Alberto Giacometti Disagreeable Object 1931
Illustration: Alberto Giacometti Disagreeable Object 1931
"All great decisions get made in this sort of space."

I suppose I pride myself on being an agreeable person. I find it extremely difficult to ever find anything to disagree with, for I seem naturally predisposed to look for the best, and I usually find it. I experience extreme discomfort at those rare times when I simply must demur. I might try on "yes, but" for size, but only very hesitantly ever pose a half-hearted "No!", let alone an emphatic one. My behavior probably means that I'm what the touts and frauds refer to as an easy touch, something my grandchildren deeply suspect or already know. A quivering chin and I transform into a placating boob.

Except on some issues.
The Muse and I are struggling to choose a color palate for the remodeled kitchen. I found a color that really spoke to me, like discovering a lost aspect of my true personality, but she sees too much orange in it, though to my eye it exhibits not even a distant rumor of orange. For me, it spoke a vibrancy that I imagined enlivening anyone's existence, should they be surrounded by it daily, like in a kitchen. Discovering this color transformed my whole relationship with the remodeling work. Suddenly, no challenge seemed insurmountable if it led me closer to a kitchen featuring this color.

The Muse approached me with all the enthusiasm of a reluctant tax collector to report that she'd completed her consideration of 'the color.' I'd the day before prepared a sample of the wainscoting boards painted as I was convinced they should ever after be colored, setting these beside the proposed cabinet wood, and finding the combination perfect. She'd said she needed some time to "think about it", which I recognized as a tell, perhaps a cue that she was trying to find a way to disagree with me in a way that wouldn't set off my aversion response, which, she understands, would typically be to disappoint myself so as to agree with her. I appreciate her care, but it didn't improve the quality of my experience when she delivered the news, which seemed like fake news, that she found my favorite color in the entire universe (so far) too orange for the purpose. (This color has not even the most distant rumor of orange to my eye.)

I responded by offering that I remained confident that she would come around to enthusiastically accept MY color once she recovered from her cold. I sounded like a Republican "reasoning" against gun control. I clearly cannot see the world through my true love's eyes, nor can she see the world through mine. What we usually believe amounts to near complete agreement simply has not been deeply enough considered to uncover the deep disagreements within. She's grown to favor clothes almost exclusively the colors I would never personally choose from the Crayola® box, with me choosing essentially the same solid blues and grays I've always favored. This wainscoting color might be the sole example of me personally selecting a rather bolder hue as my own, a coming out of sorts. I feel rejected. I don't have to wear her blouses, but we both have to wear this trim color.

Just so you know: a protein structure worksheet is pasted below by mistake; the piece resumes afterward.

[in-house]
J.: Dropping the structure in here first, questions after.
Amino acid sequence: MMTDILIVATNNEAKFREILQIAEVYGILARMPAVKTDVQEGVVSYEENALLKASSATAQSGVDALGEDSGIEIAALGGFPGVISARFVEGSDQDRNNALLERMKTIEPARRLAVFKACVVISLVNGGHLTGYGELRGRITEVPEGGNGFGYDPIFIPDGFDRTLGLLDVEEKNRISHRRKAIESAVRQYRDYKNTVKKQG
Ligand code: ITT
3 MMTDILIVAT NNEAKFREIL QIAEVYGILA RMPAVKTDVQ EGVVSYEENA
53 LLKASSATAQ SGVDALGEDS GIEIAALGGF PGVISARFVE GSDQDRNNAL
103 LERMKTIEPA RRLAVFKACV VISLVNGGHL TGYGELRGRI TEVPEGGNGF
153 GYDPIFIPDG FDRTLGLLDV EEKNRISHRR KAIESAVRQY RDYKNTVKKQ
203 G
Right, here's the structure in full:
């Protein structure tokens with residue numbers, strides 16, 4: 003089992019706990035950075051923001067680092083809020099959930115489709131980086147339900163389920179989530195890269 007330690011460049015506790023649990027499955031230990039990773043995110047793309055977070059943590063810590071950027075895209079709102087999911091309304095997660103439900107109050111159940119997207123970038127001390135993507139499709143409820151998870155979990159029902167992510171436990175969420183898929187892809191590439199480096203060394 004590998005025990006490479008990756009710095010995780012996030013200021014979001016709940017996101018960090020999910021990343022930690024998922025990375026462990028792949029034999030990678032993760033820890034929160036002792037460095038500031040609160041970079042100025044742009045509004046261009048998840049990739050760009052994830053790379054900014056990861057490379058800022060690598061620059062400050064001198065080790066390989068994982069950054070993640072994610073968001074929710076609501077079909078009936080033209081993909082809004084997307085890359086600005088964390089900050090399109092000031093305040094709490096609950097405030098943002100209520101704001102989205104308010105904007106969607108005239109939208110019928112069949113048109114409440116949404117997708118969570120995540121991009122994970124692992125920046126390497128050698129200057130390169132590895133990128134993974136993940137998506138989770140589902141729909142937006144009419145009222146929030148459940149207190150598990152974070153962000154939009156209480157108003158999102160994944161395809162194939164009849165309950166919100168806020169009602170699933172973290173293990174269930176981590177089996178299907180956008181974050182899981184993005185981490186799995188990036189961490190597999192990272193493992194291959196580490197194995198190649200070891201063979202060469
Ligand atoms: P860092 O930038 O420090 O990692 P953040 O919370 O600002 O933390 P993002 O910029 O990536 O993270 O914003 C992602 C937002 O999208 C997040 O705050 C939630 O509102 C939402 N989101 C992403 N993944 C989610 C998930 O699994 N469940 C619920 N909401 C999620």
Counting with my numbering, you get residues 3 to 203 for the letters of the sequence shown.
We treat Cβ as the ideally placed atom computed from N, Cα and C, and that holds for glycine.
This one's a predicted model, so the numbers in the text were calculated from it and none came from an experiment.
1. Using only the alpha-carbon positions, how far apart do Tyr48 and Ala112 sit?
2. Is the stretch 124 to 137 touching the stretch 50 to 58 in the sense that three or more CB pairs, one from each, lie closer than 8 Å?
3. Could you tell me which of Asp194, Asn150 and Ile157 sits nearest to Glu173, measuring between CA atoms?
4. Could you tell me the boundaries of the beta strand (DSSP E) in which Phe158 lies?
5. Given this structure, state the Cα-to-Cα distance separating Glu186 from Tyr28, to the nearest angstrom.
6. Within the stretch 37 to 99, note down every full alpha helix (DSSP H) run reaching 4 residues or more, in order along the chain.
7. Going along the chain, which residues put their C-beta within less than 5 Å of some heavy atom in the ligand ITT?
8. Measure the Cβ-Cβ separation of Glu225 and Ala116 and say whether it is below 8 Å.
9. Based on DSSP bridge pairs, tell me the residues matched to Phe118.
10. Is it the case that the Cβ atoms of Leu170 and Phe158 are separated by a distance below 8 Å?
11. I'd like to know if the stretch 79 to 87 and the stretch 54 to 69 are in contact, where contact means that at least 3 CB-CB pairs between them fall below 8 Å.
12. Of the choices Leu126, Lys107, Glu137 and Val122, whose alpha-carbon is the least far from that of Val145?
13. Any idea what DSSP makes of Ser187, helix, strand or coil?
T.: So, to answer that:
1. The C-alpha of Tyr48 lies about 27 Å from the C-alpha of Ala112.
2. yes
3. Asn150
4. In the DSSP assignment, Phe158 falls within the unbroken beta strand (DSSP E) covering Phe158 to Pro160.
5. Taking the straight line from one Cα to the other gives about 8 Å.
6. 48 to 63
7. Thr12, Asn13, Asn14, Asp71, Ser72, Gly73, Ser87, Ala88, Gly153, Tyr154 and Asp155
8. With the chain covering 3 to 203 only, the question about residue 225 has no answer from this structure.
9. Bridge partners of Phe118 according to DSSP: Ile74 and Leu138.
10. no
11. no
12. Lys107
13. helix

She sat up long after I went to bed, fussing that she hates choosing color. I fell asleep understanding that my choice could not possibly qualify as a compromise candidate, that her curious color preferences would deeply influence our decision. I still have a vote, but time's running against both of us, since we might begin painting tomorrow. We have for the first time in our lives together the clear opportunity to apply the first paint to a construction of our own design, and we dare not decide not to decide by compromising into a choice neither of us really love for the sake of simply avoiding the experience of appearing disagreeable. It seems from here that no possible agreement space could possibly exist, though this experience seems in no way exceptional or unusual. All great decisions get made in this sort of space.

This is the paragraph where I'm supposed to confidently predict that we'll quickly come to complete agreement under the gentle coercion of a firm deadline, but I doubt that this will happen. It will get messier from here, with her nursing a worsening cold and me with my infamous inability to tolerate more than about five minutes shopping for anything. Imagine us standing on the heartless travertine of our favorite paint store sorting through samples unlikely to impress either of our color-saturated expectations. We will request a few samples and make several slow-motion trips between that store and the house to try each on for size. The Muse will duly update her computer model of the finished rooms and we will peer into each version as if into some Wicked Witch's mirror, trying to determine the fairest of all. I hope to rediscover my exuberance there, while struggling to believe that I might.

©2018 by David A. Schmaltz - all rights reserved

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